Our second day riding started with a familiar climb to the top of Mount Union in the Bradshaw range to descend the Yankee Doodle trail.  We and some others had done the first part of this trail on the last Intro to Bike Packing trip.  The first part would be dissuasive let us say.  Chunderry loose big rock rubble.  And while this fairly continues the whole way back down, the rubble does find its interruptions with fast sections of forest trail and near unnavigable rock drops.  This is the backcountry of the Prescott National Forest, usually only accessed by motos; it is in this steep terrain that my own bike shines.  Matt on his twelve year old full suspension Yeti, couldn't find the comfort zone of his bike in this rubble, and if it wasn't clear from the day before, it certainly was now.  He is riding beyond his bike's ability.  He didn't want to go faster down trails like Yankee Doodle, he just wanted to be able to make the moves with confidence.  Bearing these trails and rides in mind I went to work designing.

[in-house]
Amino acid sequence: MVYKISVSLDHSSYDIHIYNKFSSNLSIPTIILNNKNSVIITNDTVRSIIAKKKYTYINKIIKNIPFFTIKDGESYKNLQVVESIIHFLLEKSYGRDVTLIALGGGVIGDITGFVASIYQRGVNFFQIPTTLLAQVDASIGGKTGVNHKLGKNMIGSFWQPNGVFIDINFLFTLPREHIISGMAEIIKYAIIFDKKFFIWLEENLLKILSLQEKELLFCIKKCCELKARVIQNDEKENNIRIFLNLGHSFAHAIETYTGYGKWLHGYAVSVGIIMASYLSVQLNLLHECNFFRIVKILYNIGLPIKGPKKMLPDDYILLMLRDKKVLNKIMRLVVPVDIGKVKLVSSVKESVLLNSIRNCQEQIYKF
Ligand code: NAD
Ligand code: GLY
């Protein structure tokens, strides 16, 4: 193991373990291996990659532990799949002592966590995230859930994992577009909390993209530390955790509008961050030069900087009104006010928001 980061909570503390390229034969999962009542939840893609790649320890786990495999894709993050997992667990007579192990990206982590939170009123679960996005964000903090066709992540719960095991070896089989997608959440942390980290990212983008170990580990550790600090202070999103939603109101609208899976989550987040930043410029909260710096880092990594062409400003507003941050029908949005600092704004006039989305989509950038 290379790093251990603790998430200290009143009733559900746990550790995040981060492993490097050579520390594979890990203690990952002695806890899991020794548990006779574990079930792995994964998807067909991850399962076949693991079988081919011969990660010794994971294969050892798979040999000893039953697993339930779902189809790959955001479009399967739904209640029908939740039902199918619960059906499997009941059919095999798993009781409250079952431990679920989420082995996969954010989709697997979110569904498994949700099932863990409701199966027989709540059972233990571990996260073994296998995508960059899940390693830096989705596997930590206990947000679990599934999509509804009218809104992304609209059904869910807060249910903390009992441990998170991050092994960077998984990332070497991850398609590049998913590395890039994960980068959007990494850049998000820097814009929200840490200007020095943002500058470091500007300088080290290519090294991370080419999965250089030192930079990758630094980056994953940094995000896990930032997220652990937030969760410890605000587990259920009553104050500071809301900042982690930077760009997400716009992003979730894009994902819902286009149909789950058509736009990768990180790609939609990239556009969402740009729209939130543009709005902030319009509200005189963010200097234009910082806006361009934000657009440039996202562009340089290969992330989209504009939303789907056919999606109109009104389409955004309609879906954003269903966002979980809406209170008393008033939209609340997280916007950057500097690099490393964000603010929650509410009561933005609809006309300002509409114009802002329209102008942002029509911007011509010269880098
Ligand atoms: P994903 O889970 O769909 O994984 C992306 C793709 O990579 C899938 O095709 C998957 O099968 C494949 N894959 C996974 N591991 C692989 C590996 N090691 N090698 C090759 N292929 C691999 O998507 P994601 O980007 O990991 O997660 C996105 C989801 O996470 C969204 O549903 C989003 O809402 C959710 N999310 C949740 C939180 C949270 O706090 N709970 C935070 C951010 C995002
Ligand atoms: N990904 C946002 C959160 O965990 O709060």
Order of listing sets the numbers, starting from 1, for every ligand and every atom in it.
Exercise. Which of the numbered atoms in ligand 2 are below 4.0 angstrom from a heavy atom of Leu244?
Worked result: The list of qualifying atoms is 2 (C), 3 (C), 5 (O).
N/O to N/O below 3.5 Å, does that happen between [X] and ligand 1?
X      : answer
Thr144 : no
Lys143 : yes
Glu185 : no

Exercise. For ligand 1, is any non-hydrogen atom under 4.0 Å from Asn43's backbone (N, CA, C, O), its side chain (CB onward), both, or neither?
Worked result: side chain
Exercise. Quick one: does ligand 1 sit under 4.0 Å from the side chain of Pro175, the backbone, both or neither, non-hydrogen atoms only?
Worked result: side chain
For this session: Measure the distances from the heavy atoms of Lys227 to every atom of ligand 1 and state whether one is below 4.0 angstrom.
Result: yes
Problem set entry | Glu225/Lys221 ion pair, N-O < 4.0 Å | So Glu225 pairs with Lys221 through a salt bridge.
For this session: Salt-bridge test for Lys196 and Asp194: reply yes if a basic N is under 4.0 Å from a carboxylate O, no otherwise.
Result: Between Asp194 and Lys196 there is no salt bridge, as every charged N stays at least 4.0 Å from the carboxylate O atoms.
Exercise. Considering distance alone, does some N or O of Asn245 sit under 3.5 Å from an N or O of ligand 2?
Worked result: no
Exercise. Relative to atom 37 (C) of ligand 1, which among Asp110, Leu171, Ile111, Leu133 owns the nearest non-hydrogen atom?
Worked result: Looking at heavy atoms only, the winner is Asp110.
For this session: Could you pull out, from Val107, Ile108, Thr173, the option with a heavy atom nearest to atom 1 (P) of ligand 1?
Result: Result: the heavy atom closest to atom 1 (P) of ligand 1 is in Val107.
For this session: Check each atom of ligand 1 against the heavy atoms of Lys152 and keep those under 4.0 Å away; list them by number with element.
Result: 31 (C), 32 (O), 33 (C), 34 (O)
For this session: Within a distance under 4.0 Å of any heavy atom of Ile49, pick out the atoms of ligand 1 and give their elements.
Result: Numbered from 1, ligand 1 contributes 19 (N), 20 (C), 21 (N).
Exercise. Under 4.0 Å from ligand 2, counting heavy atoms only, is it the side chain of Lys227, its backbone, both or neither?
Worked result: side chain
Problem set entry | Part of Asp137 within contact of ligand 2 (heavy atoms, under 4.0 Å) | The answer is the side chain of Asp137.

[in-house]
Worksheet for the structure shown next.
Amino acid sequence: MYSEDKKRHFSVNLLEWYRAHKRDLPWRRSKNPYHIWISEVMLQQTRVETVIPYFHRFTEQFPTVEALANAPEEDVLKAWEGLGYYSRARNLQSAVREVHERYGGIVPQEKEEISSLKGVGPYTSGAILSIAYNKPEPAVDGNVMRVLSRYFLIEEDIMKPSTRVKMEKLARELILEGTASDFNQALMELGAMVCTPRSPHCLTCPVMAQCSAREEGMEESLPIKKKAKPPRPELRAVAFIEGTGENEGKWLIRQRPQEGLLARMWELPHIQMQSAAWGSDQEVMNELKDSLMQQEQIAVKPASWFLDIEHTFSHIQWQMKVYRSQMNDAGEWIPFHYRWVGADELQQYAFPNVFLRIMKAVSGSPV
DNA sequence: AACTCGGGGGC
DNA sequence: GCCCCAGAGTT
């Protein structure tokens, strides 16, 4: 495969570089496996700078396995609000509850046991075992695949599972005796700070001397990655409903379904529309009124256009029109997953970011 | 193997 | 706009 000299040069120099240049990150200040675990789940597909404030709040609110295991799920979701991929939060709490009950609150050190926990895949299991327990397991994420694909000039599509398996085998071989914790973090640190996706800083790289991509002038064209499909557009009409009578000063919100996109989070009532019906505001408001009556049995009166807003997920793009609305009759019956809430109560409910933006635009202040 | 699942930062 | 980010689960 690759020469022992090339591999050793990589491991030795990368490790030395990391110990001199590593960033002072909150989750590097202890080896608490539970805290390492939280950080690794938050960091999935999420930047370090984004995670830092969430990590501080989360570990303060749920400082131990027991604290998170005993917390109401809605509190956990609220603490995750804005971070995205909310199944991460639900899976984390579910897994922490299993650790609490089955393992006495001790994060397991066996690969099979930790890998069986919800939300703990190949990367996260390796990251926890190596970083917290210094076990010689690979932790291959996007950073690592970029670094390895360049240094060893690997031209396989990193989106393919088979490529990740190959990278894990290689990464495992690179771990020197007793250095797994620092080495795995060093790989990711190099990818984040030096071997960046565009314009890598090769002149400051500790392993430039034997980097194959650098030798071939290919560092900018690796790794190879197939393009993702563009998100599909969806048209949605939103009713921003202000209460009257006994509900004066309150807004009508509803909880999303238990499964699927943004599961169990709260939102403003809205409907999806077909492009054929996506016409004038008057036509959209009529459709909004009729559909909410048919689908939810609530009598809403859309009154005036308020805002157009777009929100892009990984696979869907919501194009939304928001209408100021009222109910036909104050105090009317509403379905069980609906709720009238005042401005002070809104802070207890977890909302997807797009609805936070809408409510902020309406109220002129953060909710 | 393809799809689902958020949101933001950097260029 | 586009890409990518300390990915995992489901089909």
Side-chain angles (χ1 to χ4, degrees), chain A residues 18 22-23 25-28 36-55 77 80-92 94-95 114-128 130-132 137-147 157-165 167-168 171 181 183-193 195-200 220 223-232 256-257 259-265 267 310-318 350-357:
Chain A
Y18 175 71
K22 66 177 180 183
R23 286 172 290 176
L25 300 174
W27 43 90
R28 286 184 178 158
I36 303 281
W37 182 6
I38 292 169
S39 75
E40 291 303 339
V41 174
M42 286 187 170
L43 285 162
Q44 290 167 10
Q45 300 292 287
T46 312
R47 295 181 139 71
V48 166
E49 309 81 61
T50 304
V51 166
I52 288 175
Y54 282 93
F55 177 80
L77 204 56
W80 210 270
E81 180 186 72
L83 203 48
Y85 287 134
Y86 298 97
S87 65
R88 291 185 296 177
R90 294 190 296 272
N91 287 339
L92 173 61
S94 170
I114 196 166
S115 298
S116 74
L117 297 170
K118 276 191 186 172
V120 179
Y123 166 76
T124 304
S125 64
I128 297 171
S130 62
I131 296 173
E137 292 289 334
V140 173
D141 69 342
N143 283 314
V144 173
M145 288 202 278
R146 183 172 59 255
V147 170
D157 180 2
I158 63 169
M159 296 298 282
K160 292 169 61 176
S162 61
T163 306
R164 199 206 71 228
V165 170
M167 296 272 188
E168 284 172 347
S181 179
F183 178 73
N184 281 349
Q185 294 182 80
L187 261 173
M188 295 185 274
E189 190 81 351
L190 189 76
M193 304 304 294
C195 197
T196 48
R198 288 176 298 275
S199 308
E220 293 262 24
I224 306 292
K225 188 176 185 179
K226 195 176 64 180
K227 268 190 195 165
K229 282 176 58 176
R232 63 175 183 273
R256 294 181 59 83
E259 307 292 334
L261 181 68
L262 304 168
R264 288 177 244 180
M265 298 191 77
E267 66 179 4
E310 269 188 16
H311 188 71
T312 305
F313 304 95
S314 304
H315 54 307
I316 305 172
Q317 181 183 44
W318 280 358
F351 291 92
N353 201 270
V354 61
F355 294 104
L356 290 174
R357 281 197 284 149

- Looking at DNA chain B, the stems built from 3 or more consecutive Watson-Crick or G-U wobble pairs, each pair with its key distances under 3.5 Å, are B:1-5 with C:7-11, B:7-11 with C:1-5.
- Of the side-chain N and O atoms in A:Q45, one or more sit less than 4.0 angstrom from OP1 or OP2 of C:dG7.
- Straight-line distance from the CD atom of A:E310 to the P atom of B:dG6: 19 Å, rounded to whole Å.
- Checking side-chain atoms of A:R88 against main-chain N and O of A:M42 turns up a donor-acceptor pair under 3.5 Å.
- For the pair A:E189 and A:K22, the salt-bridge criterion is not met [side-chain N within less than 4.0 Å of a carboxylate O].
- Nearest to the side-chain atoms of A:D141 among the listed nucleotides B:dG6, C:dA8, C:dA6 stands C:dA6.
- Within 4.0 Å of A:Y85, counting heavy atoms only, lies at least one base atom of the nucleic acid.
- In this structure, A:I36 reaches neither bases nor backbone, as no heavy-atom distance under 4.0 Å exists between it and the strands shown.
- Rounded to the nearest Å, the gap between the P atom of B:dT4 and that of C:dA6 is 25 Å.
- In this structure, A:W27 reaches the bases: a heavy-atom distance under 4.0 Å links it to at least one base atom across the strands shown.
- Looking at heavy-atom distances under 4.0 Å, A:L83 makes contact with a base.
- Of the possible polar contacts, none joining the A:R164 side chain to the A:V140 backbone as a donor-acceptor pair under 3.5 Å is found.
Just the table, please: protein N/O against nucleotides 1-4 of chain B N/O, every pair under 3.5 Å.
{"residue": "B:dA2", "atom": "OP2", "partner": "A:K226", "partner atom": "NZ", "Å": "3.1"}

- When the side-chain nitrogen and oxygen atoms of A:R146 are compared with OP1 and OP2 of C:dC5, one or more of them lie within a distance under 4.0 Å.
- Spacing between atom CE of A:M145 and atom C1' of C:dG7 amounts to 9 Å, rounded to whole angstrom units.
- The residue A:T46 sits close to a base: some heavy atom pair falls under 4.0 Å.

Shorter stay 29ers are among the harder bikes to build in my opinion.  The large 2.4" rear tire eats up a lot of room so accommodations need to be made.  The actual stays (bottom bracket to rear axle) measured 429mm in the design leaving the horizontal measurement (what's left when bb drop is taken out of the equasion) at 425mm.  This was long enough to use my regular chain stays instead of a plate yoke and still have clearance for an XT double crank.  In selecting that double, however, a direct mount front derailleur was mated up for maximum tire clearance.  A curved seat tube was rolled out at my neighboring builder's (and sometimes my employer's) shop.  I turned down a piece of 1 3/8" sleeve tubing to reduce weight where the material isn't needed leaving the top to fit a standard size seat collar.  These pieces are fitted into the front triangle, thought figuring for and jigging an effective seat tube angle and an actual seat tube angle provide a bit of extra challenge.  Actual seat tube angle with the curved tube on this bike is around 69 degrees with the effective at the rider's saddle position being around 72 degrees.  The bike was fitted with a Thomson 27.2mm dropper post with under the saddle lever and the front end was designed around an Xfusion 100mm travel tapered steerer fork with 34mm stanctions for stability.  Interestingly I am finding that the benefits of larger stanction forks are much more noticable aboard hard tails than they are on full suspension bikes, as the rider tends to ride more "in the fork."  With the fork being the only suspension available a more forward standing position is assumed to push the front wheel through turns and obstacles (where prudent) when braking through these moves is less needed.  This in turn affects the design in terms of wheelbase and head tube angle.  The trick here is to figure out to what degree the intended rider will find any and all of this beneficial and balance all the elements of the frame's geometry.  In this case, Matt wanted a stable and predictable ride down the hairy stuff, not to go faster, so a shorter travel fork was selected to maintain the efficiency on the uphills and undulating technical trails.